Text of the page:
Dr. Ofelia “Ofel” Villa Dirige



The early years of our lives are the foundation of what we are today. The decisions we made then are so important for they determines where we are going and what we are to be. I am so happy with the decisions I made when I was at UP Diliman from 1956 to 1960 for it provided direction to my future life. There were two events that happened to me that guided the pathway on where I should tread. One was related to my career and the second was on the values and attitudes I have acquired that guided me today in terms of myself and relationship with others.

UP Student Days

One of the most memorable days of my life was the years I spent at the UP Diliman campus. I was an honor student in high school from Philippine Women’s University so I did not have to take the entrance exams to get in. I did not have a major when I started so I was in the Liberal Arts Department for a year before I declared my major.

I had the intense desire to help others so I decided to be in the helping professions. My desire was to be a medical doctor but I knew it was expensive and therefore impossible for my parents to support me as I was the second child from a large family of seven. I thought about being a nurse as the next option but the College of Nursing’s minimum height requirement of being 5 feet tall disqualified me from entering the college. I missed it by one inch as I was only 4’11”. This was a big blow for me but didn’t deter my ambition to be something else.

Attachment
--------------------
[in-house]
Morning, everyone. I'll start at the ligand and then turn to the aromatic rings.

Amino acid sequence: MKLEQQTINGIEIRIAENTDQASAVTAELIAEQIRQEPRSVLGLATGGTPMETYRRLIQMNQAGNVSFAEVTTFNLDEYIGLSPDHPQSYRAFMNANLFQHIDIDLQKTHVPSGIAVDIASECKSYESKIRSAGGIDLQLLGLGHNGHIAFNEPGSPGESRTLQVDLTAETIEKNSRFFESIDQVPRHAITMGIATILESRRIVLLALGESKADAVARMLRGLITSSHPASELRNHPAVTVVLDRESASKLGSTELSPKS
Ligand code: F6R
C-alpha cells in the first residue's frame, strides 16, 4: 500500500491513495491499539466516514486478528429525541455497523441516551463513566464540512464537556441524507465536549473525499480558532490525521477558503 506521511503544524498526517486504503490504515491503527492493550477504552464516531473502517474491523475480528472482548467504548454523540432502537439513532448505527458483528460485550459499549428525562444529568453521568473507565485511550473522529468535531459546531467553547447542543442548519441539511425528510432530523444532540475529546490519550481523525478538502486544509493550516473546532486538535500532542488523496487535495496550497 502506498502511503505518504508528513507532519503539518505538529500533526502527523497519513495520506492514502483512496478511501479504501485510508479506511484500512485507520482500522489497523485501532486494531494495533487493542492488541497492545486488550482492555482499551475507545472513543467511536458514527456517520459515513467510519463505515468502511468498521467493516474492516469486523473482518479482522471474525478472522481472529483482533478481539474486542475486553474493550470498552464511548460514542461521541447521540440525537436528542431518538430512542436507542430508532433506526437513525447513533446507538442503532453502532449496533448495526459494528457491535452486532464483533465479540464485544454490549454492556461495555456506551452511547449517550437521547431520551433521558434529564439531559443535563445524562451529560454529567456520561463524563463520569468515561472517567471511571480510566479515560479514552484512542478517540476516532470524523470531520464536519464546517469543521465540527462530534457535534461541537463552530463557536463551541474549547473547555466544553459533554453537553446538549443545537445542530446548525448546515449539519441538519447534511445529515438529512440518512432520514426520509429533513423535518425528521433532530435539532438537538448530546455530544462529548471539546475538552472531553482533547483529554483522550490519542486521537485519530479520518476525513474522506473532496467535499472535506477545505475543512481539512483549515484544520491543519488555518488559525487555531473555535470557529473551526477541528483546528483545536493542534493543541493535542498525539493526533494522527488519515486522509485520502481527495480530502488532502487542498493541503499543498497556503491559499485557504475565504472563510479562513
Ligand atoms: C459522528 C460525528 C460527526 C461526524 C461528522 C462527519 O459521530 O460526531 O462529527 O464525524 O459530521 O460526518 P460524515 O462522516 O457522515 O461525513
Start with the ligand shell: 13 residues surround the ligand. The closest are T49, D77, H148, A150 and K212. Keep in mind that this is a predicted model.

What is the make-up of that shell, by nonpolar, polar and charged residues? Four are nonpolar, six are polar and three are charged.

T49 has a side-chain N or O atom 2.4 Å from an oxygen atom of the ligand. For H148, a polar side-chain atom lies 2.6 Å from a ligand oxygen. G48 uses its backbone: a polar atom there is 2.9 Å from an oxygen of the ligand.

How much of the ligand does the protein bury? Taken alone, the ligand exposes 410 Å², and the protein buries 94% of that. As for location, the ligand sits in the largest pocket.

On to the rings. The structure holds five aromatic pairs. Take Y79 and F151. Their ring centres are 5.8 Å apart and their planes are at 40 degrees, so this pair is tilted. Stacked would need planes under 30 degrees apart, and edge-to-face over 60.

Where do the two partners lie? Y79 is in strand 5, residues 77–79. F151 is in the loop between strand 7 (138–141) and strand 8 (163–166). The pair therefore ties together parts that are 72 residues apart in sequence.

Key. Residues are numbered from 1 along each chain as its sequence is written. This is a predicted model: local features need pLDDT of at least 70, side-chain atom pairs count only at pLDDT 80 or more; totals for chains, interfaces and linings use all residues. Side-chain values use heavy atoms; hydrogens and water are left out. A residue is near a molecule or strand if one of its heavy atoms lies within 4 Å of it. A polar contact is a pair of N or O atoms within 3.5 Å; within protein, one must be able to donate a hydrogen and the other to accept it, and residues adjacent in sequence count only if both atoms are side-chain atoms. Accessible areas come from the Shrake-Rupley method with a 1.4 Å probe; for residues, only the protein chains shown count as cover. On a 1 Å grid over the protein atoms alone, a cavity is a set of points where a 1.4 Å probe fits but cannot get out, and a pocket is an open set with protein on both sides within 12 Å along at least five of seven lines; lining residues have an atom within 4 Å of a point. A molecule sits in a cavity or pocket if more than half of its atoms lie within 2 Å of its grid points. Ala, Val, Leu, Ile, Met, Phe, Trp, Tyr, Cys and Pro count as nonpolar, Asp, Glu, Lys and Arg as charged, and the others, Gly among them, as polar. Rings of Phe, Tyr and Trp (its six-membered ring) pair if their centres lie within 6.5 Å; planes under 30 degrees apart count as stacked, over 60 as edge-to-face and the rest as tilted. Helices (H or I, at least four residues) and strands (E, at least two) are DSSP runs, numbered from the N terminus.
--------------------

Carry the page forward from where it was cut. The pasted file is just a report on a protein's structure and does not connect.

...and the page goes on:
My next alternative was to be a nutritionist/dietitian as I heard it was a wide open field and there was a big chance of coming to the United States for further training. I pursued the field of nutrition and dietetics for four years under the College of Education that subsequently became the College of Home Economics. My studies were quiet and uneventful. I studied hard to obtain college and university scholarships so my parents would not have to pay for my tuition.

Professional Life

After graduation, I interned at the Philippine General Hospital for six months so I can qualify to take the first board examination for dietitians. I came out with flying colors as I topped these board exams for dietitians!

My path to success was relatively easy after this. I worked at Far Eastern University Hospital as a clinical dietitian to get some experience. I also took some graduate courses at UP in preparation for studies abroad. I was accepted at the University of Hawaii (UH) to pursue a M.S. degree in Nutrition under an East-West grant. I left the Philippines for the US in 1966 and studied at the UH and, later, at University of California Los Angeles (UCLA). This was the start of my lifetime career ladder as my fascination with public health led me to UCLA where I obtained a doctorate’s degree in public health in 1972.